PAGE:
Remember from the collab projects: I really hate it to split up a track in two totally different channels. But while listening to this I asked my self: Why is our brain unable to merge the sounds to mono? Are there musicians in the universe who can? We can trick our eyes to make stereo images happen just by looking at two different mono images (see cover)…
I struggled with this riddle! Not at all a full piece. This is a sound idea from thinking about the term “stereo” as a compositional tool.
I chewed on the idea of separate inputs becoming one whole thing in your head in a nonlinear-everything-all-at-once sort of way. This led me to conceptualize DJ’s beat matching where you’d intentionally have two musical inputs in each ear to imagine how the overlap & transition work out.
So, I recorded Laurie Anderson’s “O Superman” and David Bowie’s “Space Oddity” on the turntables and filled out the imagined part with additional sound elements. Not sure what to do with this conceptualization, but it was fun thinking about combinations. I also tinkered with cross sections of Janet Jackson’s “That’s the Way Love Goes” with Stravinsky’s “Rite of Spring” and Beethoven’s piano sonata Op. 31 No. 1 mvt II with Soul II Soul “Back to Life.”
Ok, logos is poor, but you definitely should moderate that pathos
The poietic assumption in all the work I develop for Disquiet Junto as Ossimuratore is that verbality is anti-musical matter. In order to try silencing our logotic mind I make use of noisy textures from which some plain and repetitive melodic material emerges and finally disappears.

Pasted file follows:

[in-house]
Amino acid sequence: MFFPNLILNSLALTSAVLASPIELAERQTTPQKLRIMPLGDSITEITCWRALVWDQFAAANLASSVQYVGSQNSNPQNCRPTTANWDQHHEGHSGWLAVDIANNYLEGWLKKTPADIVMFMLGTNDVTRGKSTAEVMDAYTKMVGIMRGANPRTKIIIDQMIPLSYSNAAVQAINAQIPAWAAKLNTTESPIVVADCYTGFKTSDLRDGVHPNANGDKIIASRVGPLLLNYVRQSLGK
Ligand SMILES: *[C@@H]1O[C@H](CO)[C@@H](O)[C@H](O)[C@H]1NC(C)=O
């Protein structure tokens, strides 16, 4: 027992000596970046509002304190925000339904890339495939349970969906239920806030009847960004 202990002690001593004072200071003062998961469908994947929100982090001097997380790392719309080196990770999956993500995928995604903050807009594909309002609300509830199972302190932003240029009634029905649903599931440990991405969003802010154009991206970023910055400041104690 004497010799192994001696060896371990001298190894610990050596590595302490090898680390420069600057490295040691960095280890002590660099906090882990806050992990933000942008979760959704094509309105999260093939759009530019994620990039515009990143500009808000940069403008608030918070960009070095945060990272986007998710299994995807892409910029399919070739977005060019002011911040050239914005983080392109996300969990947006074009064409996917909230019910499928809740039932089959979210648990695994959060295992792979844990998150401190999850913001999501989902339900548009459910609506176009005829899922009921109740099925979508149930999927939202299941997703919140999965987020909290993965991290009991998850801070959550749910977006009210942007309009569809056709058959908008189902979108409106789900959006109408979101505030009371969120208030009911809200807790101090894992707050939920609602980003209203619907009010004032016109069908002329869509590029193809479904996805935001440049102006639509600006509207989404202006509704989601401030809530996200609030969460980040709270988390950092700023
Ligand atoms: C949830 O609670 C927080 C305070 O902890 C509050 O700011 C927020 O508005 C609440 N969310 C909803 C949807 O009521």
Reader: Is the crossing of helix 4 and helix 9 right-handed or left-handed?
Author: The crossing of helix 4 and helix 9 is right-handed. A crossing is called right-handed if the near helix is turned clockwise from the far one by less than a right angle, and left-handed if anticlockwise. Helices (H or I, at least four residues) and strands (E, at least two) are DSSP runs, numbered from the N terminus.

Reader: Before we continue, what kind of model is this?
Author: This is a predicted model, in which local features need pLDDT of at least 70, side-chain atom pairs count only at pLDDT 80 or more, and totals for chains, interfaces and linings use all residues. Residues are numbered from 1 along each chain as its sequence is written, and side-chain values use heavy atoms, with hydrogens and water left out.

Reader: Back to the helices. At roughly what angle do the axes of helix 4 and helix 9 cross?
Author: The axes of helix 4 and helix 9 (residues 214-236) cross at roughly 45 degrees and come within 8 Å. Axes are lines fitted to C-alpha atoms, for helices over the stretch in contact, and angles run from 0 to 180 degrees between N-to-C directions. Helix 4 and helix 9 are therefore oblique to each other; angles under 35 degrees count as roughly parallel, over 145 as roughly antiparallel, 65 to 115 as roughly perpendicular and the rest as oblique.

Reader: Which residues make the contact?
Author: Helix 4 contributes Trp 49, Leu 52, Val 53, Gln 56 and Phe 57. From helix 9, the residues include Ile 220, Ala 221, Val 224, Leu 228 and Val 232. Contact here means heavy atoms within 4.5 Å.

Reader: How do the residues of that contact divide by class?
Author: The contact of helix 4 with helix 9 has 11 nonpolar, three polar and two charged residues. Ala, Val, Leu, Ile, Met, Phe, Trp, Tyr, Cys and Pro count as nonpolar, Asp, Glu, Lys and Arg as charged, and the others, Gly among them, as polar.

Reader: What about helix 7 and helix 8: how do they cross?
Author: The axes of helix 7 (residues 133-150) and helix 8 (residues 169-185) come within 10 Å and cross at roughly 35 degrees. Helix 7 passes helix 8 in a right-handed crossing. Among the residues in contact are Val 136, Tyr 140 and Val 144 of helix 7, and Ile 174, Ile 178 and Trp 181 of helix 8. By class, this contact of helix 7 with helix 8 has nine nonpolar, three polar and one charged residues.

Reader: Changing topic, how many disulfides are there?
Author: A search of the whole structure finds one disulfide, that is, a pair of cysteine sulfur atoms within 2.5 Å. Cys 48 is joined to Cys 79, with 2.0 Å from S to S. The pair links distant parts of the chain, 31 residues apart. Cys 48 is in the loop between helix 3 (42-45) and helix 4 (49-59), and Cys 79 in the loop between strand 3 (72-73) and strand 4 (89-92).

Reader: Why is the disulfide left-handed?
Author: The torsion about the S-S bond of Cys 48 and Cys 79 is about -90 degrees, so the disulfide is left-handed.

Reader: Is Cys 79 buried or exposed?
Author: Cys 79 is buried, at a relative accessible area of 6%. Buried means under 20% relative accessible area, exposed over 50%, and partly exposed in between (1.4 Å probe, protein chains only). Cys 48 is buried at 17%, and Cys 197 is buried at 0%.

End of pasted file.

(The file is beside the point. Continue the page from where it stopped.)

Instruments, noises and two contrasting master delays effects are all hard panned left or right, except for pianoforte that slowly flows left/right.
This started with field recording of a bouncing table tennis ball. I then added percussion (Klevgrand Borsta), arpeggio (Arturia Pigments and KORG Odyssey) and a very distorted bass (DI into a wall of distortion and wavefolding). At every turn I messed with the stereo field with modulation (both Ableton native LFOs, sometimes modulating themselves, and CableGuys’ ShaperBox). It feels unfinished but, hey, it’s midnight here!
My first idea was to regard the panning of a note as a quality like pitch or loudness. I wanted to try different concepts and see how I could overcome the restrictions of Cubase…
I discovered the Cubase “note to CC” Midi-effect which transforms velocity to a CC-channel. I used that for the bass: I played that sound with very different velocities, transformed that to a CC and mapped it to the panning. With a following Midi-transformer I converted the velocity-value to a smaller bandwidth for restricting the dynamics.
For the lead of the first section I created a sound in Vital with three oscillators. I employed the CC-Stepper to create three different CC-sequences (with random addition). I mapped these to the panning of the three oscillators and selected the CC-stepper mode to step with every note. So for every note played the three oscillators have a new individual panning.